One bit of it I particularly liked was when he was addressing the teaching of Jesus about judgement. Fraser reminds us of our tendency to use the phrase – ‘I’ll let God be the judge of that’. (Regrettably we usually say that when we are making a value judgement of the very sort we shouldn’t!). We should be letting God be the judge of it! And letting go of it of course

Fraser felt that our judgement of others can be unreliable as it is often an expression of our own fears, anxieties and insecurities and that it doesn’t come close to the pure judgement demonstrated by Jesus or that we will recognise from God one day when our time comes. If we recognise our judgement comes through the distorted lens of our own needs or experiences it helps us to be suspicious of it. Likewise it can come from a place of self-centredness where we  put ourselves and our perception of our needs first and not God’s heart for us and God’s way. Christian living is all about setting self to one side and putting God at the heart of our daily lives. So that does mean at the very least we need to be cautious, careful and loving in approaching judgements we have to make.

Fraser also eloquently puts it  – Jesus is offering us fullness of life. Life in which we flourish and grow as we become more like him, but religious judgementalism today so easily works against such abundant living, crushing the spirit and inhibiting the sometimes fragile work of inching towards wholeness. At its worst human judgementalism is self-centred, obsessed with how well or badly others match up to our expectations. Christ calls us out of ourselves and invites us to place God at the heart of our consciousness.

All of this is easy to say and not easy to do – but Jesus sets us a challenge and shows us what is best for us. Thinking about our judgements in relation to God’s judgement is about seeing ourselves clearly and being self aware – not just of what we are good at and where we have much to offer, but also on where our faults and failings are. Again, this is about the heart of our actions and our motivations matching what we believe and realistically knowing who we are as a beloved child of God.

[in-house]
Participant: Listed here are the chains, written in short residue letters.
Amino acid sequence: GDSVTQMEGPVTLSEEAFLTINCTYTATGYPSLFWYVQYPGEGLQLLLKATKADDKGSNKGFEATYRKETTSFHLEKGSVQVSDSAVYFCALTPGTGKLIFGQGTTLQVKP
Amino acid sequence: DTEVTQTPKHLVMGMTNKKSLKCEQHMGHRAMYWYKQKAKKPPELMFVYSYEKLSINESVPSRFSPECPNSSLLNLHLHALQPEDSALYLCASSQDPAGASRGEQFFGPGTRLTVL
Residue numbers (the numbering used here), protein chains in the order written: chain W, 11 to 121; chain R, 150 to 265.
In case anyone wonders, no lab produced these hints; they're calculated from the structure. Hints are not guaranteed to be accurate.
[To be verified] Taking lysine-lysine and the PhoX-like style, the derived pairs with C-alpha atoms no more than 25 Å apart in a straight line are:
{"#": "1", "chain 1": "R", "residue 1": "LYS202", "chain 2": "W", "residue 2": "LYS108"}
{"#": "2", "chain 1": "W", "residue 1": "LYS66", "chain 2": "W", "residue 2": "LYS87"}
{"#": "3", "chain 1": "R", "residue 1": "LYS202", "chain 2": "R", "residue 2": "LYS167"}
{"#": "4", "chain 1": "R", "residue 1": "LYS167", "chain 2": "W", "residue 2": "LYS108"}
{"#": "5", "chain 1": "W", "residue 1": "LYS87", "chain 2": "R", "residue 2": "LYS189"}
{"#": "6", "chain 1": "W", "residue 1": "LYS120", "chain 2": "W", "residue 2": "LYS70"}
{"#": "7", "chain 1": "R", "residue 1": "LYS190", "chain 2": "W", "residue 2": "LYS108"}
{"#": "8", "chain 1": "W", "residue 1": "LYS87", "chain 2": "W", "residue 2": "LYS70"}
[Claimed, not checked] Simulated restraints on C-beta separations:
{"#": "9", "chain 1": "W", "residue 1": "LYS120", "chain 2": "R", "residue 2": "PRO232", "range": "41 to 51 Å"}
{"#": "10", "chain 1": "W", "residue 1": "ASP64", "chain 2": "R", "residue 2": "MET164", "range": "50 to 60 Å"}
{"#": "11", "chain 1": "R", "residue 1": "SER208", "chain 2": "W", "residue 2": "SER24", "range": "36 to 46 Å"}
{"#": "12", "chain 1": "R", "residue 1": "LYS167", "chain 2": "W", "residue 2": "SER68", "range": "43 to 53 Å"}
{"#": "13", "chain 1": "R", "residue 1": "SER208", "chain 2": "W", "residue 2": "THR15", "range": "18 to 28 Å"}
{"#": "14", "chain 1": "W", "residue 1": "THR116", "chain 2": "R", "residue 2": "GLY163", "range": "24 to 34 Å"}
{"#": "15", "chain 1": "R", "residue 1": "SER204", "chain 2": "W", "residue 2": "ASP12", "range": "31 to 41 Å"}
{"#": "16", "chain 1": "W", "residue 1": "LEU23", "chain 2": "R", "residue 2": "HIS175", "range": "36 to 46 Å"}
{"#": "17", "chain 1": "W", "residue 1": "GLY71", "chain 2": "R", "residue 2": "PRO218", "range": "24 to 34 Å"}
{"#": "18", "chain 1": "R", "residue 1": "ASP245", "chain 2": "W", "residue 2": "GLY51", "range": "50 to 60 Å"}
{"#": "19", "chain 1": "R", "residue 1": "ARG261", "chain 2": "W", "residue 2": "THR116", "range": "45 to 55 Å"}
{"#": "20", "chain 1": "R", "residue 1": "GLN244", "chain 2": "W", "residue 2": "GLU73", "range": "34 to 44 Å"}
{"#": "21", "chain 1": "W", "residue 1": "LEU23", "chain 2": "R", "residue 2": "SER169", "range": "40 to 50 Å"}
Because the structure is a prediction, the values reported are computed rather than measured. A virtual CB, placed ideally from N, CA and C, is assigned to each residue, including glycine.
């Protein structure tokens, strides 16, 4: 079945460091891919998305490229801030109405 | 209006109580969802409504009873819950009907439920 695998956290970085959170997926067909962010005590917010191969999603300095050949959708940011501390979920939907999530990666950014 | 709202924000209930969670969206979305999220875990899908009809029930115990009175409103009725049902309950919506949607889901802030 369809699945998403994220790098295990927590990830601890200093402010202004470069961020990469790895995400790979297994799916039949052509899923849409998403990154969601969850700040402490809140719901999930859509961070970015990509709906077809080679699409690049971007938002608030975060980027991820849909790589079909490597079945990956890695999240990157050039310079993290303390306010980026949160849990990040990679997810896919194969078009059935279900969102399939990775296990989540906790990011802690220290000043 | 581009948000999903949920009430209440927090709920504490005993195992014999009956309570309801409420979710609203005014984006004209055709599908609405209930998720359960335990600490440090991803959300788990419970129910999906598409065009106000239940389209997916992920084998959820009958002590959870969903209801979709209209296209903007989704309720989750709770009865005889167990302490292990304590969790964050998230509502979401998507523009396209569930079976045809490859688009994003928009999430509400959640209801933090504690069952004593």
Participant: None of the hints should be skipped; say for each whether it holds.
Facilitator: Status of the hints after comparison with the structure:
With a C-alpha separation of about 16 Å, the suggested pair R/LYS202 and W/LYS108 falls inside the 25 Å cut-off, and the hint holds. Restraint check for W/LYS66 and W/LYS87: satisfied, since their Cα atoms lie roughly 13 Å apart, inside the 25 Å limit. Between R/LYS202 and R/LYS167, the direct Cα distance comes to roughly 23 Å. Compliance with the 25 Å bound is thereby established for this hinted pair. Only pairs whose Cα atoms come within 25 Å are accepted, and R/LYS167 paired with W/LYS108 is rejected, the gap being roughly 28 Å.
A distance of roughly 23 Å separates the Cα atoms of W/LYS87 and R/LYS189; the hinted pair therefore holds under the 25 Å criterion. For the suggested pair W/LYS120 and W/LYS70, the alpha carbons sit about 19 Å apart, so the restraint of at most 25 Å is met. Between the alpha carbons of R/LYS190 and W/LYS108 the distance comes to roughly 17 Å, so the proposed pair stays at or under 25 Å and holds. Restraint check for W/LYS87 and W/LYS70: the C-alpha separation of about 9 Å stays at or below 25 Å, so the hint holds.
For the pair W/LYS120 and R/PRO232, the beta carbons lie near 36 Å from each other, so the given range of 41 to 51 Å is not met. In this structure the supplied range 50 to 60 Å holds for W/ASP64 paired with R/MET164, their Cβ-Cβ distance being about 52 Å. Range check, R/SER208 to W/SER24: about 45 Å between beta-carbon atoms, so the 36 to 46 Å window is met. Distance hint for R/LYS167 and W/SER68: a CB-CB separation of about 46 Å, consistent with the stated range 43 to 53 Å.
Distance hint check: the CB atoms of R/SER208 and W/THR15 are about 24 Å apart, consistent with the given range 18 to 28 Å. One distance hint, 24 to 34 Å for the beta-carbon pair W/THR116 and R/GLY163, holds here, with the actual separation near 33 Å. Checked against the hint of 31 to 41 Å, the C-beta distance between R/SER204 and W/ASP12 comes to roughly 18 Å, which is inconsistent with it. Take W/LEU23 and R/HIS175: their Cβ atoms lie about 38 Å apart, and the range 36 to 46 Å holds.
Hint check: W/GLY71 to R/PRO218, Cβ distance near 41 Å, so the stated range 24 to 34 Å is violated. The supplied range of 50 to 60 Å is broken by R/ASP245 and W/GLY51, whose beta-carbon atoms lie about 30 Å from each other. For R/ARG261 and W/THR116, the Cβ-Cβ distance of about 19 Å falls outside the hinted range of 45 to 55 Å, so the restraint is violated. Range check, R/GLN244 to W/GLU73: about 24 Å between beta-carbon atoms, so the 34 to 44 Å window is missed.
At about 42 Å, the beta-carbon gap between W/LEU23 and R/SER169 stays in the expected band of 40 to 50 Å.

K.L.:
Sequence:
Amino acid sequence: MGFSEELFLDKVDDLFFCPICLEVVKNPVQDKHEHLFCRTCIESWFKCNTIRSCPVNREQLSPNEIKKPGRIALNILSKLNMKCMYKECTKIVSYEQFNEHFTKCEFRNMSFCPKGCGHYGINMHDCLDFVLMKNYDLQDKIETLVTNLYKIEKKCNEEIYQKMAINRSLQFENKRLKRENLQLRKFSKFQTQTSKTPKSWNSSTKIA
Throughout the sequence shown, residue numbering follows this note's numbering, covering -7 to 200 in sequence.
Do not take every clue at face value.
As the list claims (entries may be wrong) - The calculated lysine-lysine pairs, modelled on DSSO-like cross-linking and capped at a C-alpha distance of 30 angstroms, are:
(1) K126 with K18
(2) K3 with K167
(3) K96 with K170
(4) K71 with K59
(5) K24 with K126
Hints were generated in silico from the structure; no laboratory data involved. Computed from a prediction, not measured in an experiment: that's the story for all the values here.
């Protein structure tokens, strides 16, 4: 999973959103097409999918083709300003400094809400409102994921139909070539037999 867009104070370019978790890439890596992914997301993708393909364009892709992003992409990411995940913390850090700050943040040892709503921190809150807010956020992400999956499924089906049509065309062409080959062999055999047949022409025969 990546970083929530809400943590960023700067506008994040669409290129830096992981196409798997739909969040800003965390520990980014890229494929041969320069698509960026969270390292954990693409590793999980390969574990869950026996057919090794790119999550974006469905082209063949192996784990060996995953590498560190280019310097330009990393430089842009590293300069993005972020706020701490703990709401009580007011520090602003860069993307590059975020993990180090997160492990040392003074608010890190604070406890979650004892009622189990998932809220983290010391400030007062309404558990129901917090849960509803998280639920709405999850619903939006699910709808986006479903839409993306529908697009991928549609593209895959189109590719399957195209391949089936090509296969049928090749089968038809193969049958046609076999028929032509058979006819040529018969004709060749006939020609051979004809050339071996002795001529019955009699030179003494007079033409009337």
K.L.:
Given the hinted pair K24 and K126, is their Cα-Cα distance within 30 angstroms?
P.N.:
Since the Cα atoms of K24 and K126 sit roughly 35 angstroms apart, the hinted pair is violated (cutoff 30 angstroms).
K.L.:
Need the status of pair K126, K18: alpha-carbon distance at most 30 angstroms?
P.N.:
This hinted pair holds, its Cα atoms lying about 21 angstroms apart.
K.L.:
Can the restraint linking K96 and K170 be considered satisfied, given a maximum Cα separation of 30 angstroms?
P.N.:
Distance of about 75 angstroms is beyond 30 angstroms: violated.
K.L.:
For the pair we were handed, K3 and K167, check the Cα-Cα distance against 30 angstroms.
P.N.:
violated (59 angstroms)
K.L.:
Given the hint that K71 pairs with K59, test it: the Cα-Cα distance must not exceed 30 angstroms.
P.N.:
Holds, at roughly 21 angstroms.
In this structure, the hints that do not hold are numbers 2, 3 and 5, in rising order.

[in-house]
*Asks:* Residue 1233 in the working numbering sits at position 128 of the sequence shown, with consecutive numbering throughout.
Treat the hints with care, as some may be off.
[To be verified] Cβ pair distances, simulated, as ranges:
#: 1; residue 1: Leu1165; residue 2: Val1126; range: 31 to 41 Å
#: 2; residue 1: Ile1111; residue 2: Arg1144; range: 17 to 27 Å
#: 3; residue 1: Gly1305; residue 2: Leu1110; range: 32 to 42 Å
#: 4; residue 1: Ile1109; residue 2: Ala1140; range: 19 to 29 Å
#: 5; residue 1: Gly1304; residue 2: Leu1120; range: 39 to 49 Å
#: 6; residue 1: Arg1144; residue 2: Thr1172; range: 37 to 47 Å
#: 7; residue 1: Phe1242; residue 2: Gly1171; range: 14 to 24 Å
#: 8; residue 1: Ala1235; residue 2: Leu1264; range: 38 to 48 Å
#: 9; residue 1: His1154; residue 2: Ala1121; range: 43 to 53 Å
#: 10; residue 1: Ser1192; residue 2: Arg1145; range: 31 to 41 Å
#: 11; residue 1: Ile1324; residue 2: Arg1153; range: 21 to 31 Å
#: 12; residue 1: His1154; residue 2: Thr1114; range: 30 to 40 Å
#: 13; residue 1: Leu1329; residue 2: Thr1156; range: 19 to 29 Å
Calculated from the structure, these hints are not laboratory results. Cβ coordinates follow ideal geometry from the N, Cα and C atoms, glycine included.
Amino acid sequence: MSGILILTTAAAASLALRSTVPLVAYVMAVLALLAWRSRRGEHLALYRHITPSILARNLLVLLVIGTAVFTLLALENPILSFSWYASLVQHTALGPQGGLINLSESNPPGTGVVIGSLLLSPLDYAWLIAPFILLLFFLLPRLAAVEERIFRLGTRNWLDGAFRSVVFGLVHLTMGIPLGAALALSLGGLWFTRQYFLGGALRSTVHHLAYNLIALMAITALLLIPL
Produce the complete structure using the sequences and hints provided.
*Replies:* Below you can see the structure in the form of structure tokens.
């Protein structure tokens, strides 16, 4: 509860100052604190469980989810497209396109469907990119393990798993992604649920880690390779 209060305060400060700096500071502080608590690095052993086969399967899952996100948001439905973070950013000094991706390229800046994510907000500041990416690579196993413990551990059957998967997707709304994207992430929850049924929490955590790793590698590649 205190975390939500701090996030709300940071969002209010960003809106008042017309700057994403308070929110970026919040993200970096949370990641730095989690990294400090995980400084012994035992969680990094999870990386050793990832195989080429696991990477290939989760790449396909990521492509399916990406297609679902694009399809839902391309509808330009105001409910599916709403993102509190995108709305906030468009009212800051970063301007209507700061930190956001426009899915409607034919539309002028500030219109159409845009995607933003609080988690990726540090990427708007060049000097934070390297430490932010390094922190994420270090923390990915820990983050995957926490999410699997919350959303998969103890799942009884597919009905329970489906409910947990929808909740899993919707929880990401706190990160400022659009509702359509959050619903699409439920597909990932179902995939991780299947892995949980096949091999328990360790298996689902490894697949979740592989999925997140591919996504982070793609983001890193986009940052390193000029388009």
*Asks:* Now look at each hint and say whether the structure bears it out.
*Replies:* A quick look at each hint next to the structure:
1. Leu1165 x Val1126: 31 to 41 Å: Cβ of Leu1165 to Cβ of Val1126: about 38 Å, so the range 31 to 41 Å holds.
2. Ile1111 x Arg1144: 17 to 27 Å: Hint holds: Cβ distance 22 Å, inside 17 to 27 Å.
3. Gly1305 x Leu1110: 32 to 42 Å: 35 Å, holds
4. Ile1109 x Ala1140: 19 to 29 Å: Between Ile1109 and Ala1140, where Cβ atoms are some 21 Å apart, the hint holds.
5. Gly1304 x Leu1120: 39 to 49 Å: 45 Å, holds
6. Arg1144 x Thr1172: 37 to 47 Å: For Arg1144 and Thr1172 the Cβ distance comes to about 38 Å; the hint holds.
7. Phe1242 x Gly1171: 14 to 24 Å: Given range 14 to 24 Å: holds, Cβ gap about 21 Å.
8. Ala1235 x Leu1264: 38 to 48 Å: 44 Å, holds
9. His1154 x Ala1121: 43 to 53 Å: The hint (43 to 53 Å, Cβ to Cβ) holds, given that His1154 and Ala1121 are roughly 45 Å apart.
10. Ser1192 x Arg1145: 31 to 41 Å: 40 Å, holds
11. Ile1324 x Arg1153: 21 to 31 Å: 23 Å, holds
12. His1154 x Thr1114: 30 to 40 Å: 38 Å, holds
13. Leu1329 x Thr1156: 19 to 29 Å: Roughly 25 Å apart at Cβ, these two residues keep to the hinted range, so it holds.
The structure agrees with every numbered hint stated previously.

So the next time we may be heard saying – I’ll let God be the judge of that – Let’s make sure we do just that. Amen

I am going to end with some prayers I found related to our gospel story. Pause and pray in the silence before the sentence – Lord in your mercy and the response – Hear our prayer

Lord Jesus, give us the courage to try and change only those things that you would have us change. Lord, in your mercy
hear our prayer

Lord Jesus, give us the grace to accept other people who are different from us.
Lord, in your mercy
hear our prayer

Lord Jesus, give us the vision to share in your vision that all the world may be one.  Lord, in your mercy
hear our prayer

Lord Jesus, give us the wisdom to be patient with those around us – kind compassionate and loving. Lord, in your mercy
hear our prayer

Lord Jesus, give us the strength to work for the healing in our own communities. Lord, in your mercy
hear our prayer

Loving Lord, hear our prayers and let your Spirit prepare us with joy for that great day when you will harvest the seed that you have sown among us.

The New Revised Standard Version (Anglicized Edition), copyright 1989, 1995

Fraser Dyer – Who are we judge – SPCK – 2015

Trinity 5 – Rev Alison Way

Trinity 5 –  Rev Alison Way
Romans 8:1-11 and Matthew 13:1-9. 18-23

In the name of the Father, the Son and the Holy Spirit Amen

I want to begin by telling you a story about some plants. I am almost certainly the least green fingered person you will ever meet. Many people love gardening – it is not my bag at all. However, for the first time ever in my life my current house has a green house!

My gardening help (thanks to Colin for helping me to find them) was very keen I grow some things in the afore mentioned green house and back at the end of April– some plants arrived…

I was instructed to water them. I was a bit over keen to start with and overdid it abit, but I soon found a healthy level – and I have watered the tomatoes, cucumber, herbs, geraniums (and here is the result)

But the star so far has definitely been the courgette plant.

From what you saw earlier to now the growth has been huge….. And I have now had half a dozen courgettes to eat – and clearly there are more. Though I had eaten plenty of courgettes I had no idea how they grew before this. Huge leaves, tasty vegetables and so much from one plant. And just because I was given it and have taken the time to nurture and water it!

This has really surprised me (I know many of you will have grown things for years – but for me it has been quite a revelation!). All it needed was a little Tender Loving Care TLC and water every day…. A simple but true story